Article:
Yes. We’re thinking about the next step. You got the email about a regroup meeting?

  2. Stephen Curry says:

     Yes I did – am interested to see where this journey ends…

  3. Richard P. Grant says:

     I can’t see it ending any time soon. Still got my eyes on the map, though.

  4. Jamieson Christie says:

    Thanks for an interesting overview, Stephen.
    One thing I particularly liked about the campaign was that it was not party-political.  I assume that this was a deliberate decision?  I think it would have been easy to launch a lazy campaign against ‘Tory cuts’, but I think this would have risked alienating lots of people, and detracted from the overall message: science *is* vital, whichever party/ies happens to be governing.
    With regard to criticism, you are never going to be able to set up a campaign that 100% of people agree with 100% of the time.  But conversely, we didn’t have to agree with every single facet of the campaign to sign the petition, protest, or lobby Parliament (which I did all of, without once wearing a lab coat).

  5. Richard P. Grant says:

     Yes, it was a very deliberate (and sometimes difficult…) decision to not be partisan. That was also part of the reason we couldn’t support other protest movements (and indeed got a little uncomfortable at support from the unions!)

  6. Jenny Woods says:

    Really great article – and agree with your analysis of the amazing solo10 meeting being part of the wake-up call. I’ve worked for the Research Councils in the past and the emphasis (at my grade anyway!) was always on outreach to the public to change perceptions of science. To have Dr Evan Harris say effectively ‘Scratch that, hit the guys at the top’ (hope he’ll forgive the paraphrase) was a real change of viewpoint for me. Then to watch, and take part in, the events you describe above unfolding over the following few weeks – and to see that new viewpoint being proved to work in action – was incredibly exciting and energising.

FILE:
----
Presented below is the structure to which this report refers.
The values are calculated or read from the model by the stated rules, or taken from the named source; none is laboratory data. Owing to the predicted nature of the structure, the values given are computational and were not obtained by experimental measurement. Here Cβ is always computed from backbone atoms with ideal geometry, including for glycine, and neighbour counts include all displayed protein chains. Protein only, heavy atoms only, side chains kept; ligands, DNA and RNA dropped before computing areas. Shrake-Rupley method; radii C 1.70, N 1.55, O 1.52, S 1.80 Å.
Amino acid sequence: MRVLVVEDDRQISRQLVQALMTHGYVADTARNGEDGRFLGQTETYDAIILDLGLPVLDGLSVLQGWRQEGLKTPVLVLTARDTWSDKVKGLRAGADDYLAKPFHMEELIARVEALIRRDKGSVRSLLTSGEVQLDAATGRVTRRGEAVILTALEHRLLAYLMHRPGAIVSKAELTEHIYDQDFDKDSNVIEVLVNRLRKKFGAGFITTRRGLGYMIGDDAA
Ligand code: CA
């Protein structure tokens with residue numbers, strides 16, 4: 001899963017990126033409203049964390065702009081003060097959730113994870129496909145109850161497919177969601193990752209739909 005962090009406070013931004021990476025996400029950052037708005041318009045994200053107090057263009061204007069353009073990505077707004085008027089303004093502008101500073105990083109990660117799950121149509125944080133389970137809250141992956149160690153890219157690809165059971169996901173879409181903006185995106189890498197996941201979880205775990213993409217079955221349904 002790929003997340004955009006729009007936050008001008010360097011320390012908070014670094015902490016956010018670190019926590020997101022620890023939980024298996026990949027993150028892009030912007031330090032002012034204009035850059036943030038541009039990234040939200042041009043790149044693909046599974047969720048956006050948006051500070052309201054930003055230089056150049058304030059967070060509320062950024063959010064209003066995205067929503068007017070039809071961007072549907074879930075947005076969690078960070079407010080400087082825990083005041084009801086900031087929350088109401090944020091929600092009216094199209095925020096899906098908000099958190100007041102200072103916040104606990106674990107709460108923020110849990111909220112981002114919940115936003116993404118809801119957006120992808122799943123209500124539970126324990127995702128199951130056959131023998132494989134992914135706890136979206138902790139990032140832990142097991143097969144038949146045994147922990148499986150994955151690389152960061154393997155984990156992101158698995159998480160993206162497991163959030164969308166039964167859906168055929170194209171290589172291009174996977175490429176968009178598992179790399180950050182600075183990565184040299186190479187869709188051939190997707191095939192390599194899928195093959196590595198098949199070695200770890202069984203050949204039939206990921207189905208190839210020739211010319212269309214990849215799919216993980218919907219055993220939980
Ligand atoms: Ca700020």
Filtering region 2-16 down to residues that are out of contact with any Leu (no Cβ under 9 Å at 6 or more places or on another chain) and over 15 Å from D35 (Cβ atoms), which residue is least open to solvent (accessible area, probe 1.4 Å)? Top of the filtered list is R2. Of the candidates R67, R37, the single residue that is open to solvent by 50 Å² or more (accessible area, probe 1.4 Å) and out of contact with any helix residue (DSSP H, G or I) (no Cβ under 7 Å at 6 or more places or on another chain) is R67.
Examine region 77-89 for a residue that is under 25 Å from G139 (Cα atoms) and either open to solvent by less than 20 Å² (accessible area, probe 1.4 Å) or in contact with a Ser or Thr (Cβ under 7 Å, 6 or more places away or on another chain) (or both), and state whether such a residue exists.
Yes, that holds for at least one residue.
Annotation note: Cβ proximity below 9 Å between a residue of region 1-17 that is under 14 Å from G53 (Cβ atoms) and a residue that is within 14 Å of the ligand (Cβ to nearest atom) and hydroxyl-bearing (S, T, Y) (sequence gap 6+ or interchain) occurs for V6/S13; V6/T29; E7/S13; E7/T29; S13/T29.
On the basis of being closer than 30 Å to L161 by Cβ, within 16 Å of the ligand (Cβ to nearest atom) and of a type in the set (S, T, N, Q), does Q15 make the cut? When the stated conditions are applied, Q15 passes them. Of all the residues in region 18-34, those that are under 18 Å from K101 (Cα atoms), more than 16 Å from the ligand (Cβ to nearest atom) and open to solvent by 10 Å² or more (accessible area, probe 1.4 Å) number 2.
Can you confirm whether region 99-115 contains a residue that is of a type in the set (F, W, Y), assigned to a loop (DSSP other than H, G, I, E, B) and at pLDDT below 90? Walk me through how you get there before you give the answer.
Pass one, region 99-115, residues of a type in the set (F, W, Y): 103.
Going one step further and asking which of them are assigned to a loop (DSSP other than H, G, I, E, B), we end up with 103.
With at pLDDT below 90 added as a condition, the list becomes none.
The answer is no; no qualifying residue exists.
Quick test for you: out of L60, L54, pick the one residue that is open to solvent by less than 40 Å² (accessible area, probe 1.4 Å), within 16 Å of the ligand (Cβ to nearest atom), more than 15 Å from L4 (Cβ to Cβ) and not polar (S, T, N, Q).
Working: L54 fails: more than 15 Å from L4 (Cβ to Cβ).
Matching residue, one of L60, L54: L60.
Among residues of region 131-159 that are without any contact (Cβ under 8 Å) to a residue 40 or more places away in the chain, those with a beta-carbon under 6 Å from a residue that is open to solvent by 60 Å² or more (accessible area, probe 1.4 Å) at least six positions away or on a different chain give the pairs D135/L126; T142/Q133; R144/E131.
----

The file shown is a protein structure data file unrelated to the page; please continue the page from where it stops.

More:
I hope the fireworks keep on exploding and the value of science becomes better understood at all levels through this. It’s certainly encouraged me to step up to the fire and speak-up where I can – I bet I’m not the only science supporter who has had their political activism kicked alight by these events. Thanks to all in the campaign for your incredible efforts – and if there’s any way I might help in future I’d be glad to know.

  7. Svetlana Pertsovich says:

    Rocket science behind the campaign "Science Is Vital"?

    Huh… Rocket science in UK is absent.

    i.e. there is NOTHING behind the campaign, eh?

    Hmm… At least it is enough honest confession… 😉

  8. Stephen Curry says:

     @Jamieson – As Richard says, there was an effort to maintain a broad church and to garner cross-party support. Inevitably, fewer MPs from the Government benches signed up to support the early day motion (my own Tory MP refused) but we encouraged people to approach all of them.
    It helped that there does seem to be a shared appreciation across the benches of the value of science in our society, even if it is not entirely uniform. The task now for the scientific community is to keep driving that message home – and I don’t mean just the economic argument. We should also promote the broader cultural value of what we do.